Schema therapy, as a result of negative experiences and unmet emotional needs in childhood,
suggests that early maladaptive schemas are formed. These lifelong recurring schemas include patterns of beliefs, feelings, thoughts, behavior, communication, and relationships about oneself, other people, and the world that begin in childhood.
When children grow up with loving parents who are securely attached, responsive to their emotional needs, caring, responsive to their needs adequately and quickly, their self-schema is lovable and valuable, while their schema about other people and the world is basically friendly and reliable. With the loving touches from the parents, the reassuring voice, and the fulfillment of emotional and physical needs, the child learns that relationships are joyful, safe and peaceful. This relationship template that the child learns is the basis of the template that he will use in all his relationships in his adult life.
However, in the presence of unmet needs, neglect, negative experiences such as abuse, violence and abuse, it is very difficult for the child to develop harmonious/healthy schemas about himself, the world, other people and relationships when the mother’s loving touches and reassuring voice are not present. For a child who has not experienced that the relationships in the house where he was born are reassuring, pleasant and peaceful, he proceeds on this basis in the relationships he lives in his adult life.
Needs that are not met in childhood continue to exist in order to be met in a person’s adult life. While the existence of these wants, needs, and emotions is natural, the key is how the needs are met and what coping methods are used. When we evaluate and react with the emotions, thoughts and wishes of the same childhood, not with our healthy adult side, but with our child side, we use the coping methods we used in childhood to cope with the problem. It is difficult to realize that the coping methods that were perhaps protective for us at that time are now dysfunctional coping methods that perpetuate the problem in our adult life. This is the result of childhood when our needs are not met and we do not learn healthy ways to meet our needs.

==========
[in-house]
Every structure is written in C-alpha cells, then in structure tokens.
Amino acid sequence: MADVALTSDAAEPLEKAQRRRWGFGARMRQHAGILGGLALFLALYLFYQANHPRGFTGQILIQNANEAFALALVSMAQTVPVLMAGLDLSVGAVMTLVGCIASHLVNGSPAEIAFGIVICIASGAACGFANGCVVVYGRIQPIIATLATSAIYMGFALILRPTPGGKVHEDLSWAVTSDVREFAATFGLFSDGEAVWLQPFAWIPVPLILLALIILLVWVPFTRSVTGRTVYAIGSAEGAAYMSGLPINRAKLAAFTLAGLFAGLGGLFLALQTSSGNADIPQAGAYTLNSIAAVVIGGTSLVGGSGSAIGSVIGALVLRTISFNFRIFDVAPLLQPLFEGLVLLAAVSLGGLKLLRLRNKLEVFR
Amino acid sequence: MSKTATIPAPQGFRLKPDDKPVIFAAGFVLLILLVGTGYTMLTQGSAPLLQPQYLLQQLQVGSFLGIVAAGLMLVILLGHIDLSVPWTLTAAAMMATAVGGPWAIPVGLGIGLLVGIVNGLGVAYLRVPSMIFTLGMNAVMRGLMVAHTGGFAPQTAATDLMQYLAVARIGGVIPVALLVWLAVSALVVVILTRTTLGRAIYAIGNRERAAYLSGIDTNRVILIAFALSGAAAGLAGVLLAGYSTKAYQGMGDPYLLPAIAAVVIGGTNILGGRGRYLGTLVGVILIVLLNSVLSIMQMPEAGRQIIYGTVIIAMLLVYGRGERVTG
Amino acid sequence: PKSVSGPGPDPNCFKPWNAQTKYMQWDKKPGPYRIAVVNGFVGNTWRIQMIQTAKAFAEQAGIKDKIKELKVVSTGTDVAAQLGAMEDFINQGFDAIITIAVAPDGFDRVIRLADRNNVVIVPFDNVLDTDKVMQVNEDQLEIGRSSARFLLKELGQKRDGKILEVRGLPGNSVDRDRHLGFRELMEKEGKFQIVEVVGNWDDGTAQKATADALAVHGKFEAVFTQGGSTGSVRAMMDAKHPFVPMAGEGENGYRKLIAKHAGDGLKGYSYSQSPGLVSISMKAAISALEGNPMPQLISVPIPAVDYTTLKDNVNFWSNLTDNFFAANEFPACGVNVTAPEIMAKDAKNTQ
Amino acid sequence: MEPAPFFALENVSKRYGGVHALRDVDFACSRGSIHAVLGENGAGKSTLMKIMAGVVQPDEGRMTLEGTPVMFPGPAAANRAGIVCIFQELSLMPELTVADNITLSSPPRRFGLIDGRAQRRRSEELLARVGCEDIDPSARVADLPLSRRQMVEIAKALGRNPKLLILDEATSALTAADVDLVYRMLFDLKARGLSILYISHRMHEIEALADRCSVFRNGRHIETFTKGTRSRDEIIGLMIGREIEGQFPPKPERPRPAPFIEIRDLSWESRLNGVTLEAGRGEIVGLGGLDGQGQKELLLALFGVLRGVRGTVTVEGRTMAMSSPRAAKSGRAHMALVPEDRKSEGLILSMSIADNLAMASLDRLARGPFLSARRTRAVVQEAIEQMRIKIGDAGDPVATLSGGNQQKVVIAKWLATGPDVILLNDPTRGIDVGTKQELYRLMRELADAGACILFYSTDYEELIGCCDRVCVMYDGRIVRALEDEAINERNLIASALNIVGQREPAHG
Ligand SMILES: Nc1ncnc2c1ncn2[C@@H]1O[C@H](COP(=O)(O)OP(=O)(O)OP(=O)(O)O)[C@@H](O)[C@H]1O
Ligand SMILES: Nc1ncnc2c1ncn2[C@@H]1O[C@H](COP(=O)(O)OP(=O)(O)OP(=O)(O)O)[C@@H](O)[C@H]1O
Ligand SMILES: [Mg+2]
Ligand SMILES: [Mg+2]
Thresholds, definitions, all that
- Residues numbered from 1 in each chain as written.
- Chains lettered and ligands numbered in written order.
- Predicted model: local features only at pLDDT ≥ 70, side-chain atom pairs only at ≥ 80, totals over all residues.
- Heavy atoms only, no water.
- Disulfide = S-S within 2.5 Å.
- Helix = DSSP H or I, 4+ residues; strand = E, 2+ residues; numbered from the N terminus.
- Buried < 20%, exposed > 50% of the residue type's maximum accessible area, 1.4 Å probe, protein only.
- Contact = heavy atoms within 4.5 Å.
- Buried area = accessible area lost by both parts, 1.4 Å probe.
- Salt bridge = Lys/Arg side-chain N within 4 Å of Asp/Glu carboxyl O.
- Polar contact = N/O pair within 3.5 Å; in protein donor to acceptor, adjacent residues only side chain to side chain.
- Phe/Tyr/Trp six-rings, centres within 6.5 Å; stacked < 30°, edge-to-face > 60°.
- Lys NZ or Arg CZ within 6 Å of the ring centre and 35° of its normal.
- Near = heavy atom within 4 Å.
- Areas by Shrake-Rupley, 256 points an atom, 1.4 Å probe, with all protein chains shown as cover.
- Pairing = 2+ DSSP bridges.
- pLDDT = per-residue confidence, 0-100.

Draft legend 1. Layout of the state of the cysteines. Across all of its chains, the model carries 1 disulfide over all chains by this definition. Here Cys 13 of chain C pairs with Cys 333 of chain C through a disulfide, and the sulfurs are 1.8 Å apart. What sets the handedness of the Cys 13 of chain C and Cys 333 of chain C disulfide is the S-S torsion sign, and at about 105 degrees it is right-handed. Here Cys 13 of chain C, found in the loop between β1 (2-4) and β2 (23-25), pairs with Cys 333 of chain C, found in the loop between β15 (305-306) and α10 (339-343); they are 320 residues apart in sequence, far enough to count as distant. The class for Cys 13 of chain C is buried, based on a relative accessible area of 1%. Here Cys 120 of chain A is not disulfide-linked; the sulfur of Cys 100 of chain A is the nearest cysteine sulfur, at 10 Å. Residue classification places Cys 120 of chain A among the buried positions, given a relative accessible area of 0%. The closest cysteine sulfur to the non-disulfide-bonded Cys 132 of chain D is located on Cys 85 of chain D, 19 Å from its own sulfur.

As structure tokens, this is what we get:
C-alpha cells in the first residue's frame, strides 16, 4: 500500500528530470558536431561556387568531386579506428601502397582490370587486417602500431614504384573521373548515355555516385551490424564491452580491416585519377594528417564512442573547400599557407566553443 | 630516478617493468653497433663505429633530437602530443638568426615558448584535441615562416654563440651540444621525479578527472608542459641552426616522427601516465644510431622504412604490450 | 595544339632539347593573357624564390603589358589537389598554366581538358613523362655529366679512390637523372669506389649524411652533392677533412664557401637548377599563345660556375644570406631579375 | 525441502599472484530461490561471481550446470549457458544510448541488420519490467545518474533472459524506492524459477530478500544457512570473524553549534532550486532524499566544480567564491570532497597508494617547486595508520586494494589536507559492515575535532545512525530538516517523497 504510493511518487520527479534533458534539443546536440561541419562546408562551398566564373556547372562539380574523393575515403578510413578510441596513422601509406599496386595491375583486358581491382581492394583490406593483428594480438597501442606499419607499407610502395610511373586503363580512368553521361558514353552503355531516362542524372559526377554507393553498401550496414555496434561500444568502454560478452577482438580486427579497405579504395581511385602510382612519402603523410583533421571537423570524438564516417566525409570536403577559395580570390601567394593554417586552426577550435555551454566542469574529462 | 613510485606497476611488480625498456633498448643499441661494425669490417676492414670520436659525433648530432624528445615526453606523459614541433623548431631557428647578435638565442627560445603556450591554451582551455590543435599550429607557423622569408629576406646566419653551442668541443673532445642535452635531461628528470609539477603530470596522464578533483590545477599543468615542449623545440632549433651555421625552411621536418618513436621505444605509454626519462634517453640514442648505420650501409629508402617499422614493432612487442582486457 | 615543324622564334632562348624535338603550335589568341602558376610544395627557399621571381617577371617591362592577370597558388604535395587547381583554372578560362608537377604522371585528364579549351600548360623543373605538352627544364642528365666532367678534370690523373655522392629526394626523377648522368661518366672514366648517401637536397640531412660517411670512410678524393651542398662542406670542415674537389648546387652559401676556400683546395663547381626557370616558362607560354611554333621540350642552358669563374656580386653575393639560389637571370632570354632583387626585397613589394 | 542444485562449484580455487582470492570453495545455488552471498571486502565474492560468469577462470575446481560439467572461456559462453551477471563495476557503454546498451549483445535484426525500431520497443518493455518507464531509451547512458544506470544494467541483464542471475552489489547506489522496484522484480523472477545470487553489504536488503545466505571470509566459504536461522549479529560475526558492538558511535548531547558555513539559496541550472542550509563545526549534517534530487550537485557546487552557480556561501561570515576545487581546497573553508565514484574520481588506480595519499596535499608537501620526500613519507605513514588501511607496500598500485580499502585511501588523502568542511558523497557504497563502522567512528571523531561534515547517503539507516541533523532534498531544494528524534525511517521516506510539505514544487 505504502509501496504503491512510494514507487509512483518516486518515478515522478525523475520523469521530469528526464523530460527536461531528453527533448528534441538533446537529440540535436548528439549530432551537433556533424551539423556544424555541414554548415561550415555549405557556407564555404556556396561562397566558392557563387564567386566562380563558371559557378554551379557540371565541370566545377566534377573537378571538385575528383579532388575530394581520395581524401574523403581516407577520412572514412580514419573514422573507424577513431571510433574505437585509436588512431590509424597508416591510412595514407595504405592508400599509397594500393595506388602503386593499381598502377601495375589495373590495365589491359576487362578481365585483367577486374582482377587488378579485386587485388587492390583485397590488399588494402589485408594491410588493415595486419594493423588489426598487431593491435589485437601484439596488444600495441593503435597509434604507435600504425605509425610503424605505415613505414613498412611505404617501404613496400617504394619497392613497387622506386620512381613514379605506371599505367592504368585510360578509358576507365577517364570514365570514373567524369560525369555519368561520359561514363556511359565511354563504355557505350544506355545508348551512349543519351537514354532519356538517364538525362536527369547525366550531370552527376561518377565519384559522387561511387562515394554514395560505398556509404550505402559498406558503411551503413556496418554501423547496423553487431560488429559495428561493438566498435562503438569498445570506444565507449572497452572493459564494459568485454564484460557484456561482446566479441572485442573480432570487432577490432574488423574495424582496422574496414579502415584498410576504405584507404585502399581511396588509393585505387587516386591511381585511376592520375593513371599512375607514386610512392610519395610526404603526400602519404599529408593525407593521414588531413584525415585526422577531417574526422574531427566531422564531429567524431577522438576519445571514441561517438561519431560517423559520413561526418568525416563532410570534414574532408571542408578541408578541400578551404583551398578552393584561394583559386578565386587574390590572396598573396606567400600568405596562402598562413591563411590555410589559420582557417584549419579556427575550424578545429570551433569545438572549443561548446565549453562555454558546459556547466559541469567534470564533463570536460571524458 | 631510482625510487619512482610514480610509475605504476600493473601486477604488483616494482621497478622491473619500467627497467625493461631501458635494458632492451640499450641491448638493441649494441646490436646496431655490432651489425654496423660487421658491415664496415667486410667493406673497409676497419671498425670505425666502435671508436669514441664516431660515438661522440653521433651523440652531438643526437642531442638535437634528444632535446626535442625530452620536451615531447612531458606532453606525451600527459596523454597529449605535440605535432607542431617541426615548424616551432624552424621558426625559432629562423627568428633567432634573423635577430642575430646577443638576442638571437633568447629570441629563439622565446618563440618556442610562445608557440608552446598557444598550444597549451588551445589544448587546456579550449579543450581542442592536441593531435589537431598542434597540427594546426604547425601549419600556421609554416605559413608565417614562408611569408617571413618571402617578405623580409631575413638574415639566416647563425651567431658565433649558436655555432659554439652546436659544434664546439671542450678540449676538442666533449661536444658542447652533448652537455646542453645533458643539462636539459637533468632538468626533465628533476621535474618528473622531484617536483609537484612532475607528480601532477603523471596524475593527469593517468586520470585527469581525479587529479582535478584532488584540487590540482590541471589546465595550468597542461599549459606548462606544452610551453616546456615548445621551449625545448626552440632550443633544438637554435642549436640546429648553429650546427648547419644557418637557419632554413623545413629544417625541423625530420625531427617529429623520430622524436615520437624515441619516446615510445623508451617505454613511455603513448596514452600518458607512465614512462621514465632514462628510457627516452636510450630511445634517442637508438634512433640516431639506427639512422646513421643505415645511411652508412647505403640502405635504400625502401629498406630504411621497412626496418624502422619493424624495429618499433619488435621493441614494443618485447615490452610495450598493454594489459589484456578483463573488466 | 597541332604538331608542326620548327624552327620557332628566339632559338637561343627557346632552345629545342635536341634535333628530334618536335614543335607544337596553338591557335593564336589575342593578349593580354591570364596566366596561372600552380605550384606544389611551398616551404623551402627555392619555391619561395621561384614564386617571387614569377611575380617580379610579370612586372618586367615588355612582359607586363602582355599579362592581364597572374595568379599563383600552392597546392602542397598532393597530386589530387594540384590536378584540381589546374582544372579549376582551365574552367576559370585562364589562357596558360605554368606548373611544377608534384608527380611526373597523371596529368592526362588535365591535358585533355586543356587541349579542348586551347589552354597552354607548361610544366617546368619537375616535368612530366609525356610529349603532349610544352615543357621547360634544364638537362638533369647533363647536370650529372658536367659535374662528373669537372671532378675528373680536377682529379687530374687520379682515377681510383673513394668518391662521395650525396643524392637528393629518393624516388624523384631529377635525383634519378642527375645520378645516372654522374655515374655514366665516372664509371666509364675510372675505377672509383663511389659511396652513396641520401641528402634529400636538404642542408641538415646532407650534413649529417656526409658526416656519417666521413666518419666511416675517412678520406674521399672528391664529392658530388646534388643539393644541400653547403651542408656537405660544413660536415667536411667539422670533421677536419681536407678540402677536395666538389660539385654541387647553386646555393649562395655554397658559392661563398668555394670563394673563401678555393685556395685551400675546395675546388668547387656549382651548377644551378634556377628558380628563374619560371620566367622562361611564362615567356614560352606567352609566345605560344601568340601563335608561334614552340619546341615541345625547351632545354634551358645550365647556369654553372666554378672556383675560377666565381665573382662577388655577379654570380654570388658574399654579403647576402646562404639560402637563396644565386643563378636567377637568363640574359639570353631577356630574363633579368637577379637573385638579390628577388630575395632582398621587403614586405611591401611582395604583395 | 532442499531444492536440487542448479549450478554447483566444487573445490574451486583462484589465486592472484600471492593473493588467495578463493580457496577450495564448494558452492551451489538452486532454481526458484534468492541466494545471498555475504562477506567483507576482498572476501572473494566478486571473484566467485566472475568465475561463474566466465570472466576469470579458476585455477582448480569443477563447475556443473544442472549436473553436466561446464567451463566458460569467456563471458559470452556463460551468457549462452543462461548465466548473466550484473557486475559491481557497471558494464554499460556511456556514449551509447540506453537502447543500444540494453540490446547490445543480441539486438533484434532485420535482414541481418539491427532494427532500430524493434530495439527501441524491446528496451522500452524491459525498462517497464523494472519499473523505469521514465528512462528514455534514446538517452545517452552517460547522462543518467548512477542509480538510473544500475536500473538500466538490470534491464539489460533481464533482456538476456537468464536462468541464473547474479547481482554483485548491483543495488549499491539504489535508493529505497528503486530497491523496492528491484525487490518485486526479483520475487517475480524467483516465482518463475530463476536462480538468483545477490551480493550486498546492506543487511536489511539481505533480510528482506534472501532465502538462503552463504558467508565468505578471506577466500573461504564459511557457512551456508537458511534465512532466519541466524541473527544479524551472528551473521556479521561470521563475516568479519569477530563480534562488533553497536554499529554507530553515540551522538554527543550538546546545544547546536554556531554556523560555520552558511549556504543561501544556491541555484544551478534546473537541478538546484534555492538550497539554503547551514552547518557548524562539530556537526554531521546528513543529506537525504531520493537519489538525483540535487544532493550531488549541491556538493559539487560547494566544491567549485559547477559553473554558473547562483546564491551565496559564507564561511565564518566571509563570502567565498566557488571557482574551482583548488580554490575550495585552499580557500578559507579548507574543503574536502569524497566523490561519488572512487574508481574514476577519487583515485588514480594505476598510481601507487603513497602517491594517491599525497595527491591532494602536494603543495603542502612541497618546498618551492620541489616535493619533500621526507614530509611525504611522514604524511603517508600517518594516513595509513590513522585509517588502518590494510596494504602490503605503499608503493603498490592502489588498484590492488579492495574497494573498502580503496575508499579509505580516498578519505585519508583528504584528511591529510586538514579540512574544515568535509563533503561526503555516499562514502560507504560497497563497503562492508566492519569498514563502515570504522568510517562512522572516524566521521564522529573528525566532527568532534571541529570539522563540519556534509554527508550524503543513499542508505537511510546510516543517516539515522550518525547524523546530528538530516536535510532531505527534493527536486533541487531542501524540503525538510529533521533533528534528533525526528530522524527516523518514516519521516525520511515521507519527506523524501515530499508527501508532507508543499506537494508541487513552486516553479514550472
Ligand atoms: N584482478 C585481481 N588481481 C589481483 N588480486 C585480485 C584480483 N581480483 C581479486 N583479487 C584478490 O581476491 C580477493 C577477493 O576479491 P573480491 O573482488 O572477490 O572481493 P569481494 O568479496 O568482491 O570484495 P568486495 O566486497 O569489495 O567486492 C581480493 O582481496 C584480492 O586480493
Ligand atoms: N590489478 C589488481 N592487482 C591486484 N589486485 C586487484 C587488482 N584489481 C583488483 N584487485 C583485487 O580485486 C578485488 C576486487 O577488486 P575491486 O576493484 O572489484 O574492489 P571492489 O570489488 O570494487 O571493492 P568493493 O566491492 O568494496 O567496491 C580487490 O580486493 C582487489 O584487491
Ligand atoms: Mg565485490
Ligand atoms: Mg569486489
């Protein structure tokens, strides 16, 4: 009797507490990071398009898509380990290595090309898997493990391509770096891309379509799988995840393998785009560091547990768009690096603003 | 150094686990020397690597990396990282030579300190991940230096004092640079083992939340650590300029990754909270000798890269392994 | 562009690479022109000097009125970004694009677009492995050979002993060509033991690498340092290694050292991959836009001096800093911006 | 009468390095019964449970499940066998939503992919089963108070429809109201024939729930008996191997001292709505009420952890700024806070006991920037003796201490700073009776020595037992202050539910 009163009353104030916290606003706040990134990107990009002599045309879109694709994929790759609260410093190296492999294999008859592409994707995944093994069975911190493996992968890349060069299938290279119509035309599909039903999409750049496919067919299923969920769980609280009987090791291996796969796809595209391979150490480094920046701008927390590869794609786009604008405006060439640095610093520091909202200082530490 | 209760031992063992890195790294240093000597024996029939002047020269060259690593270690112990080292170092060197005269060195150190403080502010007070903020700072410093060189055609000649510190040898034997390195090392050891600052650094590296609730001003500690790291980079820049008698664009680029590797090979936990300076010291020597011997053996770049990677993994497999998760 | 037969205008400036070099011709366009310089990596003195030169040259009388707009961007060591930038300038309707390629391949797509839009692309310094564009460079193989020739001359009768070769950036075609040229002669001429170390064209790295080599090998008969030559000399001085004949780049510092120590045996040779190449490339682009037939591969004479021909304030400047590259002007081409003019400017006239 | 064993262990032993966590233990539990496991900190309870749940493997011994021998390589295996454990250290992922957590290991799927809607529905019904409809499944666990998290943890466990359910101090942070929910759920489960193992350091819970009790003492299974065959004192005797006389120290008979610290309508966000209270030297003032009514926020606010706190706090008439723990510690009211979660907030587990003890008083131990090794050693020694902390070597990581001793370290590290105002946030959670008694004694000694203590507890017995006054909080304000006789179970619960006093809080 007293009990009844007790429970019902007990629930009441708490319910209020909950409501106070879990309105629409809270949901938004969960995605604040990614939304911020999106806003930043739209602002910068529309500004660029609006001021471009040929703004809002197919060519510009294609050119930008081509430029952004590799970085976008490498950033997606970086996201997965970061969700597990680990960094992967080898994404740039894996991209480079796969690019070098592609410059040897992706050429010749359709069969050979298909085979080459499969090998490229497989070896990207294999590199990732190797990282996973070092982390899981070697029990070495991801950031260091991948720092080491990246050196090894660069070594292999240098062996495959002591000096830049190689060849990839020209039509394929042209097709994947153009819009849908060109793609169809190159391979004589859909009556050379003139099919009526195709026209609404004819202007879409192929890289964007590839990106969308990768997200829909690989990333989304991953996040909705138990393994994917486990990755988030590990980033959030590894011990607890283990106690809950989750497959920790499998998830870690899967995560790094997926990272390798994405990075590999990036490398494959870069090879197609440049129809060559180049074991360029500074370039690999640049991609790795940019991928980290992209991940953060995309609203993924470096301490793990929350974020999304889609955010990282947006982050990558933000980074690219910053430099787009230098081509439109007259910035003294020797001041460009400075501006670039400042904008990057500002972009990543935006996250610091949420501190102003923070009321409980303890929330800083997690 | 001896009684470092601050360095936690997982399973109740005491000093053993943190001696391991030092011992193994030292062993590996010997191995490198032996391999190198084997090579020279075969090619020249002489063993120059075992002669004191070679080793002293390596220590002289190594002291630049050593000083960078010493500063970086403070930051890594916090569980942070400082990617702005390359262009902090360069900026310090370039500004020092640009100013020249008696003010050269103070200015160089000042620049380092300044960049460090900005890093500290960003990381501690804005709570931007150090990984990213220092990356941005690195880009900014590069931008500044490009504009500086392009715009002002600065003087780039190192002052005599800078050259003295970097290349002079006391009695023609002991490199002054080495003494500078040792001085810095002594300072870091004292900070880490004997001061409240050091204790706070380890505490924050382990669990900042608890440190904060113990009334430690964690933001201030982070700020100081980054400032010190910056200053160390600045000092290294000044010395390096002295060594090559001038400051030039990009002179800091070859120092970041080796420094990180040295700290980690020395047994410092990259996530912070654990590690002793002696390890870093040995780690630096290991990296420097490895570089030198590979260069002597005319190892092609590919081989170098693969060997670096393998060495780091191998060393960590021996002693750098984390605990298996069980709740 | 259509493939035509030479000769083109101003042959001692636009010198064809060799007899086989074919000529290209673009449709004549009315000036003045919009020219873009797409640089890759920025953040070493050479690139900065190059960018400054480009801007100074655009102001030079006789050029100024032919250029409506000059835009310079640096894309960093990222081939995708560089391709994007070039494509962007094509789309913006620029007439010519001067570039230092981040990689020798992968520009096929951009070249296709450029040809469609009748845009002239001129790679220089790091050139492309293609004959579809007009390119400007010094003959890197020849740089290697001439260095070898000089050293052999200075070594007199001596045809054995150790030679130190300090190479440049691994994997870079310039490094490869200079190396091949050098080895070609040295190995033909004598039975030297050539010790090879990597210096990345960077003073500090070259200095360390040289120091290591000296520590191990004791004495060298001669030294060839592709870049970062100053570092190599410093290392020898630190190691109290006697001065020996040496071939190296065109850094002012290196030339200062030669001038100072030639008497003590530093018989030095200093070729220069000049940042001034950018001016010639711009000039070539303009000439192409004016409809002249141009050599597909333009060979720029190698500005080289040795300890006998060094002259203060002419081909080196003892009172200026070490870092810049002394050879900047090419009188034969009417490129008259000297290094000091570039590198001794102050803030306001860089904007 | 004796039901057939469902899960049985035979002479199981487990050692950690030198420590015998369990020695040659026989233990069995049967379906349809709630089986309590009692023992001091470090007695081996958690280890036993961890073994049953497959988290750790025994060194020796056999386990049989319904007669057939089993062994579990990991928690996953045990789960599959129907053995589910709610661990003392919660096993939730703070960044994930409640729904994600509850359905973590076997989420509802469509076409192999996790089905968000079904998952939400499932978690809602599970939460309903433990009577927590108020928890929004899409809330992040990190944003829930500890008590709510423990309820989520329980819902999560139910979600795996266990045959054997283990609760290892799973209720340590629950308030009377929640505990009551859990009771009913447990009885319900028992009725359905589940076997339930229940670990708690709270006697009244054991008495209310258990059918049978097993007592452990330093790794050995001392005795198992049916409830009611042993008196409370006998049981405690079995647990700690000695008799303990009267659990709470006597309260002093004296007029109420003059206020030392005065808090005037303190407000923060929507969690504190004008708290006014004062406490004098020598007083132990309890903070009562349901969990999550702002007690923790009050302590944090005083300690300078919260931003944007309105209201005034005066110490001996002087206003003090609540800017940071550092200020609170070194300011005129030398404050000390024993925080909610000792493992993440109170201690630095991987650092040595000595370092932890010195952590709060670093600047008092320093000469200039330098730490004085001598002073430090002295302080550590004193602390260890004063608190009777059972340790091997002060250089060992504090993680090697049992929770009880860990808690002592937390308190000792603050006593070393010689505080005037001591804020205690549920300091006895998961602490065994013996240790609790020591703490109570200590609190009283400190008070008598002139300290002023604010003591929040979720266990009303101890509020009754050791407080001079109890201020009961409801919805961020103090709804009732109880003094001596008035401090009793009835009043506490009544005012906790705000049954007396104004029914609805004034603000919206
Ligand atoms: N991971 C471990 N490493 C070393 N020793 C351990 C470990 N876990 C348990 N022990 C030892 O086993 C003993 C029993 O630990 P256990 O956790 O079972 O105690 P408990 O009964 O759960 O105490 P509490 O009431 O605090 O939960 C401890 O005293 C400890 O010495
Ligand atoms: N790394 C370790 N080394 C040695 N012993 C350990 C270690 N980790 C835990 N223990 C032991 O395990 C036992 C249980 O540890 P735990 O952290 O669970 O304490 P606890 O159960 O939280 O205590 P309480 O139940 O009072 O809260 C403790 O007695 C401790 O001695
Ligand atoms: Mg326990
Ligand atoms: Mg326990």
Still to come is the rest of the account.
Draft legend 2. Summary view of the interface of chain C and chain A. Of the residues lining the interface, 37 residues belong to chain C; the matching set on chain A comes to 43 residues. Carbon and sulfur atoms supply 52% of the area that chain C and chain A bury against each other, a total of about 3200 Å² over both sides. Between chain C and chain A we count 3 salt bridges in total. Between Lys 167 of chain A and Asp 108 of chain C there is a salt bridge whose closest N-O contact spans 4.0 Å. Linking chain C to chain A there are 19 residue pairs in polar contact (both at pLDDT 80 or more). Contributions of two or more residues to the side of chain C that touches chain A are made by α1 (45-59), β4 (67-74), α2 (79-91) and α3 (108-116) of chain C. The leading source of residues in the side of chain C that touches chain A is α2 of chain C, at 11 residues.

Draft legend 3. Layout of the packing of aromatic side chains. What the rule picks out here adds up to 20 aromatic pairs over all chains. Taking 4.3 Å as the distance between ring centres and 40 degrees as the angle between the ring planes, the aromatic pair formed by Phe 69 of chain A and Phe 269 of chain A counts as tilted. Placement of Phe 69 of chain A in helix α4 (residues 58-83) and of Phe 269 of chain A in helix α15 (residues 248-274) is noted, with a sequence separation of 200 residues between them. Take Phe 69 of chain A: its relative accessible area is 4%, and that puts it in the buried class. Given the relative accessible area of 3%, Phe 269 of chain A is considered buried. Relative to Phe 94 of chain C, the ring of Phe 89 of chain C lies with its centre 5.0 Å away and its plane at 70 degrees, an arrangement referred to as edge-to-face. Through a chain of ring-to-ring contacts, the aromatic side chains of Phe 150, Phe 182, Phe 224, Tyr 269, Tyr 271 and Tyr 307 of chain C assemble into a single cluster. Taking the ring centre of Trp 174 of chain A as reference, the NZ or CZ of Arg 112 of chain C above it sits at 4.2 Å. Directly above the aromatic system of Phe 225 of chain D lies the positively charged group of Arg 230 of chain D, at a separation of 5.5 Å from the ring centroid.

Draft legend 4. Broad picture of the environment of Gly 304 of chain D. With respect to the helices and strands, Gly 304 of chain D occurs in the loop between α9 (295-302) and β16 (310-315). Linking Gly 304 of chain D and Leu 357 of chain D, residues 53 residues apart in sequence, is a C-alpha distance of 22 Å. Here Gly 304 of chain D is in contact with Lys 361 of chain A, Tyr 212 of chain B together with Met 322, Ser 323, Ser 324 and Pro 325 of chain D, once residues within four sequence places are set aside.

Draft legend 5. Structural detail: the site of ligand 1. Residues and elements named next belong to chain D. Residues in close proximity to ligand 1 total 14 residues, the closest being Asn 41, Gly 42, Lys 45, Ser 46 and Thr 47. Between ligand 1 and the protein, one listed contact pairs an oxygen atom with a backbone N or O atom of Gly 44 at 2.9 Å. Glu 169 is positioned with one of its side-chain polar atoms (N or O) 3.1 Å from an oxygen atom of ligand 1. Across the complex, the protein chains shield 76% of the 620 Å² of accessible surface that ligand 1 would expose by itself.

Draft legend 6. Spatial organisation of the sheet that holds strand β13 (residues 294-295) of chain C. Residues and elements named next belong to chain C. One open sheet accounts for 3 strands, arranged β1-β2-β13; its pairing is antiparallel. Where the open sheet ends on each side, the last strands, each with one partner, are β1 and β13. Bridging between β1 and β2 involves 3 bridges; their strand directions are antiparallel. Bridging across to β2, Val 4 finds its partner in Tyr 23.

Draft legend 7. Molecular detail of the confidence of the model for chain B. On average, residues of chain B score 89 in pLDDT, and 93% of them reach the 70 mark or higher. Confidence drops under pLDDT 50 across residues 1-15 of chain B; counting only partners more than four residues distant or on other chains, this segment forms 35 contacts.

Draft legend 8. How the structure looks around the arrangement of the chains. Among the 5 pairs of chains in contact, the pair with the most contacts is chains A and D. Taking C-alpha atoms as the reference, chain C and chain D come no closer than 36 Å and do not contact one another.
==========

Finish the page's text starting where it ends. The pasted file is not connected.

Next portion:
The maladaptive coping methods in Schema Therapy are surrender-avoidance and overcompensation. Surrender is the situation in which the problem is accepted helplessly, a healthy way of coping is not chosen, and surrendering to the problem. Avoidance is the avoidance of situations, environments and people that disturb him, and avoiding the events that he thinks may activate the problem and problem feelings. In Overcompensation, the person acts in the opposite direction of his feelings and thoughts about the problem. He tries to appear different from what he feels by displaying behaviors in this direction, as if he feels and thinks the opposite of the feelings and thoughts that the problem arouses in him.
In therapy, it is aimed to identify these mechanisms, which are at the root of the current problems and used by the client to cope with the schemas formed during childhood, perhaps protective for the childhood period, and to realize that they are now dysfunctional in adult life. We work on how the current coping method is not solving their problems and why it is not meeting their needs. The main goals are to be able to express one’s needs and feelings, to reach their needs in healthier ways, to develop coping styles, and to turn non-functional internalized voices into healthy inner voices.